The points advance mechanism would take a set and stick in the advanced position, resulting in a very fast idle (never resolved). The main bearings were of two types, ball and roller. The main roller bearing would gall at high revs, leading to main bearing failure (resolved after the Combat model debacle). The threaded aluminum knobs holding the seat would strip, leaving the seat loose (never resolved). The chain guard mount would fracture (later improved).
The exhaust pipe manifold nuts were problematic to the end, loosening from vibration no matter how tightly they were fastened, leading to a ruined cylinder head and constant rattling of the header pipes. The brake light switches were unreliable, leading at times to no brake light indicator (front was improved with disc brake). The steering head bearings were ball-type, and took a permanent set under the bearing pre-load, leading to weaving at speed (later switched to roller bearings). There was a rear chain oiler which covered the rear wheel in oil, and had to be pinched off by the owner.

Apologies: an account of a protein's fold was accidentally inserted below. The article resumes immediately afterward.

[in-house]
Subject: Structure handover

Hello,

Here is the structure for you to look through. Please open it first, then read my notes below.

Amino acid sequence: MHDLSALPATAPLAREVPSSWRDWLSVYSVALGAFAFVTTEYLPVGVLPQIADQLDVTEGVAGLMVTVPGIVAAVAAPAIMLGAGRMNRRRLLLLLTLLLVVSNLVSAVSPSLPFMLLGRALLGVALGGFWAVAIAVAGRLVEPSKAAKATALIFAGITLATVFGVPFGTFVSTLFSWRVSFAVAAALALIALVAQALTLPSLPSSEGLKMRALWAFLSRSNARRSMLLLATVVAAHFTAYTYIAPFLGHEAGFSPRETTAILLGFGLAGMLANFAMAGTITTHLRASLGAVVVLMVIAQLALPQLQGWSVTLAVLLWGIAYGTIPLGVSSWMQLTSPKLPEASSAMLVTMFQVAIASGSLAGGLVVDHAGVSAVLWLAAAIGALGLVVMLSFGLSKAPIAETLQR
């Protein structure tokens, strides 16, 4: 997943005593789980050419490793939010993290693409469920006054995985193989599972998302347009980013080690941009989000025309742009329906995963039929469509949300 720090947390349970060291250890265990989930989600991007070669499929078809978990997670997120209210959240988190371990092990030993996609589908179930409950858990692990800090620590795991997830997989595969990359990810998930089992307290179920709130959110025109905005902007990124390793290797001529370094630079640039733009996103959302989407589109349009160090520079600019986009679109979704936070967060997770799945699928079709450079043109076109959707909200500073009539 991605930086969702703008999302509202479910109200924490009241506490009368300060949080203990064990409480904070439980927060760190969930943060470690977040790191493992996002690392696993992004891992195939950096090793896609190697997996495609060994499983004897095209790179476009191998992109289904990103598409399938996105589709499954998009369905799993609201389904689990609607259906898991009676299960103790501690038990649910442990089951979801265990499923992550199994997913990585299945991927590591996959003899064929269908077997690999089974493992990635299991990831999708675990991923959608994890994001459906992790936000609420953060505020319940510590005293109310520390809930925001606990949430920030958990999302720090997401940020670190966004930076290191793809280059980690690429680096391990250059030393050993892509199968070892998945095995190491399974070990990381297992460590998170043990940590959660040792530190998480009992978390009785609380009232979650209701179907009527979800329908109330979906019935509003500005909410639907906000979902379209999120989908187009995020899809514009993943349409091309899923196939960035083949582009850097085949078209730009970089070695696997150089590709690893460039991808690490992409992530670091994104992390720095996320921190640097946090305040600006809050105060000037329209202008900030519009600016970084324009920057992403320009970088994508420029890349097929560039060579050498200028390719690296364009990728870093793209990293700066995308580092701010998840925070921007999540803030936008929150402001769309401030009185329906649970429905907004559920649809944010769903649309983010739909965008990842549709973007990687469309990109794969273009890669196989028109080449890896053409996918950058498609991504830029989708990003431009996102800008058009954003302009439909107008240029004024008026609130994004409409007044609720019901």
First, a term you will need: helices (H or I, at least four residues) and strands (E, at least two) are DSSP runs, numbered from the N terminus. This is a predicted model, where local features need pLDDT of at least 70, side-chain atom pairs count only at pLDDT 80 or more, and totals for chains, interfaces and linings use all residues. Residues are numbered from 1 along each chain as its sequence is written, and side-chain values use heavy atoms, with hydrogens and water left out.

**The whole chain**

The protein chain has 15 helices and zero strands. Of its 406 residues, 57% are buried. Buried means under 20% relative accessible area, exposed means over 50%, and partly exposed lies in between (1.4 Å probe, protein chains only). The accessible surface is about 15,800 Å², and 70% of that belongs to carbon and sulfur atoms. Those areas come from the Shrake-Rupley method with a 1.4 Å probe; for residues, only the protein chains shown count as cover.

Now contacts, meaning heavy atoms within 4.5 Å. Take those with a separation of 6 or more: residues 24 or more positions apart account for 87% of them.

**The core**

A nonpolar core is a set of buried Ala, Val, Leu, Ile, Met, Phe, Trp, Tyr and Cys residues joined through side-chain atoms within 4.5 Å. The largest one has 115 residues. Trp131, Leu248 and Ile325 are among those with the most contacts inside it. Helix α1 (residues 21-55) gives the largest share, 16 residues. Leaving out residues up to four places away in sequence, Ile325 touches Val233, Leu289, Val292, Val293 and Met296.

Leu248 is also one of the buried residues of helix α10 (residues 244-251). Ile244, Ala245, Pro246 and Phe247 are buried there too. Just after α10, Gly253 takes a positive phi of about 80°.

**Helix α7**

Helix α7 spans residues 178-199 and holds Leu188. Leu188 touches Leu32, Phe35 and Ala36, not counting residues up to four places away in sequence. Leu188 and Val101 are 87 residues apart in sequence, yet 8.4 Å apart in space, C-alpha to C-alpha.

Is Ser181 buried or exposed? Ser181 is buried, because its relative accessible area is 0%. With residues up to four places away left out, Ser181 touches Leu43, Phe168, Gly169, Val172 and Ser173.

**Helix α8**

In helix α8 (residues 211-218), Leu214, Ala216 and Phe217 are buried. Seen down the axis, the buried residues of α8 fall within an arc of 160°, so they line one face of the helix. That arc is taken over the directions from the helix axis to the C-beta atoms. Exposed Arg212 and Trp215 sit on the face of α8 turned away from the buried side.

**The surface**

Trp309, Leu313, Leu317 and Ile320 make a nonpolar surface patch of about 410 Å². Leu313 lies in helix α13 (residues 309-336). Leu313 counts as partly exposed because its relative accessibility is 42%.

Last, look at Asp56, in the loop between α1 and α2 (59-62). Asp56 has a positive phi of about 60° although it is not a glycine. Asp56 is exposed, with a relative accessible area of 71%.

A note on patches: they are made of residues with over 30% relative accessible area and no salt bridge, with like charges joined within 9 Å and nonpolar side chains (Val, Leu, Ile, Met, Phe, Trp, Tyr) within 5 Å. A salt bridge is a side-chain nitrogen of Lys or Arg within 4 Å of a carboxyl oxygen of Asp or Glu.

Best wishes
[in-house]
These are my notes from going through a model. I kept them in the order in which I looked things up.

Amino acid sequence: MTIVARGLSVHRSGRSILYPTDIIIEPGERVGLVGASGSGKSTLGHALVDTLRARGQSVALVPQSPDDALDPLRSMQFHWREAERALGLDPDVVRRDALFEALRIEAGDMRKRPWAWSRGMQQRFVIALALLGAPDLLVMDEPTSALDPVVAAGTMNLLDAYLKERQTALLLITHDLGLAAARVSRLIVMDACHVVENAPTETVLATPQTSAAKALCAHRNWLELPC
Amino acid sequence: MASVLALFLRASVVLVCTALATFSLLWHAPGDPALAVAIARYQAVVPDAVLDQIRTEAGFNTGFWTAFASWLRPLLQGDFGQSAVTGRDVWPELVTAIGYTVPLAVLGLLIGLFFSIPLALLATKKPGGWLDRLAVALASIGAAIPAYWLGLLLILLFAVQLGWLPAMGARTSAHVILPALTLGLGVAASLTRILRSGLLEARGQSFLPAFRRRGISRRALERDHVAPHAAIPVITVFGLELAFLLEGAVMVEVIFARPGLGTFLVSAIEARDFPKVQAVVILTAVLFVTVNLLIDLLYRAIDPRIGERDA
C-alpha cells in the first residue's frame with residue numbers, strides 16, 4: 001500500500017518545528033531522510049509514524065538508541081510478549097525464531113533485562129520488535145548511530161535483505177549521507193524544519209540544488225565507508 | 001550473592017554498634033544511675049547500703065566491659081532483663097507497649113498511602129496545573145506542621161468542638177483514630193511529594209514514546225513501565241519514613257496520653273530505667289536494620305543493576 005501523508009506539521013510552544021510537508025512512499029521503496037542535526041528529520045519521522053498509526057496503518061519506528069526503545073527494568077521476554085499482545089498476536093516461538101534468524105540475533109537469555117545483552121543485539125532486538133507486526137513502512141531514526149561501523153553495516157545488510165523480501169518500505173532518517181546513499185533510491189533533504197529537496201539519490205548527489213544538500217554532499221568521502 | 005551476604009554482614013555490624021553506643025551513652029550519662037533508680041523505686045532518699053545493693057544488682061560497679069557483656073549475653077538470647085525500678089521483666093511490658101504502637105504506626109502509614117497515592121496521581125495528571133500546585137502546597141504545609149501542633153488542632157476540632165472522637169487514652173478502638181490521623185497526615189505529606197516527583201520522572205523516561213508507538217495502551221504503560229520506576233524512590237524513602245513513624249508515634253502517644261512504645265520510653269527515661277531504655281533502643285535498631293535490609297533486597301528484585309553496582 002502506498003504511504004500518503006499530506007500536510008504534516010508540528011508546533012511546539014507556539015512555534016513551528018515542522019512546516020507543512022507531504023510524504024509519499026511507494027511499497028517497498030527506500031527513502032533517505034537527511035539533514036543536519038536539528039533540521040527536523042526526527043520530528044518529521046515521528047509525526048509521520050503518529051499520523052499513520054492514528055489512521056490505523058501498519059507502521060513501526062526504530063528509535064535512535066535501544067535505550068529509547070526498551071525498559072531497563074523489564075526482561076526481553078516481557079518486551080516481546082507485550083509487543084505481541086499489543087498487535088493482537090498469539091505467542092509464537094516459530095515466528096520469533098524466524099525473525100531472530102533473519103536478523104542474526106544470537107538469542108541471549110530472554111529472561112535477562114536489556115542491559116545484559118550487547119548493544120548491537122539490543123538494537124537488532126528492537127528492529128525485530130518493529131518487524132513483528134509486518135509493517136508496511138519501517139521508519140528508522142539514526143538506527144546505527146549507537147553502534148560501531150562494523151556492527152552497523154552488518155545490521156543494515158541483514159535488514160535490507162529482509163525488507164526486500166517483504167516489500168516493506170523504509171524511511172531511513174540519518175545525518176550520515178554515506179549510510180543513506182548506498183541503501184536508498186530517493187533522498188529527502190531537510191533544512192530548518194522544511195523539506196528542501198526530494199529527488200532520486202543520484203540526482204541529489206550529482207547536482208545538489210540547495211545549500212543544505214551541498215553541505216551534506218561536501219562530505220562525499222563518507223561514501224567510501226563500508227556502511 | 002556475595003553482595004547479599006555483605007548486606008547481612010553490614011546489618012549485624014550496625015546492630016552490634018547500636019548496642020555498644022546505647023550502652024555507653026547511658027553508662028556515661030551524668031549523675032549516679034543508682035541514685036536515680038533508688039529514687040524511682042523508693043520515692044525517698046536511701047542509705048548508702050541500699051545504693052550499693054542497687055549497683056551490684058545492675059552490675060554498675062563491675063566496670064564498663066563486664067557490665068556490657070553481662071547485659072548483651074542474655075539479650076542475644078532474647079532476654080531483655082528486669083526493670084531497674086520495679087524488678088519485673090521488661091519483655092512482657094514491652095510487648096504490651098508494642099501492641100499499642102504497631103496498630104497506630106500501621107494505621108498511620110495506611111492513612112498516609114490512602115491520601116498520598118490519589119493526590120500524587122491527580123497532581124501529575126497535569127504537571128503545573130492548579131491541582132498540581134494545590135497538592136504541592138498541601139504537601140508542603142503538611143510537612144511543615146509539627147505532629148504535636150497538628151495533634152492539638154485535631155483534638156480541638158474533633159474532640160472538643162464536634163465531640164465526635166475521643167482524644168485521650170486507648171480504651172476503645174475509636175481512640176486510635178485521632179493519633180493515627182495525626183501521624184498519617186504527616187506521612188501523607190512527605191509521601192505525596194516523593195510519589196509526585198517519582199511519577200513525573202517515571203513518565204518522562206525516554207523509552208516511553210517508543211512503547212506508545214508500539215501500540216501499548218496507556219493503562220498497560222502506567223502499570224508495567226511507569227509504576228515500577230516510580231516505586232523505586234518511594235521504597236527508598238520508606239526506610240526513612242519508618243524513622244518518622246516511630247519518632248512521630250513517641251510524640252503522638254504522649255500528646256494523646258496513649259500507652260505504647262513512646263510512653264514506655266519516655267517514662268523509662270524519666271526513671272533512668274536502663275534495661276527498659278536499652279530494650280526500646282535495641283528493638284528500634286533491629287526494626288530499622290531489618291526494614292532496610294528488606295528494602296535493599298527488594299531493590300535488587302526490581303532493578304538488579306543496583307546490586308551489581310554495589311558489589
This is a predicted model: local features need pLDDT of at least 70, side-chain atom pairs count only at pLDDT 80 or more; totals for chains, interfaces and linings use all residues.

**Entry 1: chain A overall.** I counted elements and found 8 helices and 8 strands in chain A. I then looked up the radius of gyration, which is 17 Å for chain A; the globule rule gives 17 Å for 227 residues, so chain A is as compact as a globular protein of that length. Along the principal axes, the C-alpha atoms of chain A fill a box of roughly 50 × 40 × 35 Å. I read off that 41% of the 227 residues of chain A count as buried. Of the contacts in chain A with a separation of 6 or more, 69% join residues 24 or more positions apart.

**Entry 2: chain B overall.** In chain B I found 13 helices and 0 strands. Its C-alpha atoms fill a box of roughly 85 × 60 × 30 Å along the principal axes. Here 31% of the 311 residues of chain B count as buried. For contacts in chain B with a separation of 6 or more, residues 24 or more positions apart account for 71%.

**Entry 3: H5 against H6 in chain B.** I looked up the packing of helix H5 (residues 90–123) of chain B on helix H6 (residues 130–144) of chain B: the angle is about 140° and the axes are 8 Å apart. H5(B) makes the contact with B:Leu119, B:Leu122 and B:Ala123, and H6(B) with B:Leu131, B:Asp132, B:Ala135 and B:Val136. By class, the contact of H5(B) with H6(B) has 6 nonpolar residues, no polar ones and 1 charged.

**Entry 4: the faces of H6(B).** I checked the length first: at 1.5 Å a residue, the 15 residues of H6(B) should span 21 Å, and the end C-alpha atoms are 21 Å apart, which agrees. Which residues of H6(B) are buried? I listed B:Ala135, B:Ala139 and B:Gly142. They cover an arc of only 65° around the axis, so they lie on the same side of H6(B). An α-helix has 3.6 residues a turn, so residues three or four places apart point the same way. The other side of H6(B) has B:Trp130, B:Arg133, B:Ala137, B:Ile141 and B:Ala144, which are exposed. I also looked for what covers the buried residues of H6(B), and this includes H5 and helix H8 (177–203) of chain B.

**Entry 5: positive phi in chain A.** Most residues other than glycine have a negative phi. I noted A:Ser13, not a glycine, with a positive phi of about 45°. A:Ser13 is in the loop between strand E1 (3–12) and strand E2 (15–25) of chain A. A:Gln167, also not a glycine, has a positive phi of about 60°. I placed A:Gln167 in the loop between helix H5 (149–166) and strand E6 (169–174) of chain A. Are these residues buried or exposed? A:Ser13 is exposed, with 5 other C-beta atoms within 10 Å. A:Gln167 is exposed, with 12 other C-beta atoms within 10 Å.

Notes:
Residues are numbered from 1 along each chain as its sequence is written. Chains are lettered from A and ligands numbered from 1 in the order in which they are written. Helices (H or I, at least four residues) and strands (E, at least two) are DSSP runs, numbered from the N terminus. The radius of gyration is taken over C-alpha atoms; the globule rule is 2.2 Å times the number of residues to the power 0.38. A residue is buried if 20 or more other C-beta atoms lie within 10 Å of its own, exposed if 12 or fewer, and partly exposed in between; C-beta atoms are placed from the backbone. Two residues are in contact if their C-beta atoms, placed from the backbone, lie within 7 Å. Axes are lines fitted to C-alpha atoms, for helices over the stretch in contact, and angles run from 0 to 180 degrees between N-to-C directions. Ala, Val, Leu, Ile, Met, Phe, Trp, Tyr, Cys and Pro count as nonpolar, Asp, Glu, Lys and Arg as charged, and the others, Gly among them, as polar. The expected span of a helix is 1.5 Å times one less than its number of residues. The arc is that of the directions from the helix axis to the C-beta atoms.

The speedometer drive mechanism operated from the rear wheel, with a long cable to the speedometer. This drive mechanism wore out very quickly, as did any replacement, leading to no speedometer reading (never resolved). The early tachometer drive jutted from the right side of the engine, and was vulnerable to being struck and snapped off (relocated to front of engine). The primary chain tensioning bolt tended to loosen at inconvenient times. The rear chain adjusting bolts pushed, rather than pulled, the rear axle, and would bend, making them difficult to turn. Nor were there index marks to allow equal axle positioning on the right and left side of the swing arm. The ignition switch mount would break from vibration (later relocated). It would be interesting to know how many buyers were injured or killed by one or more of these flaws.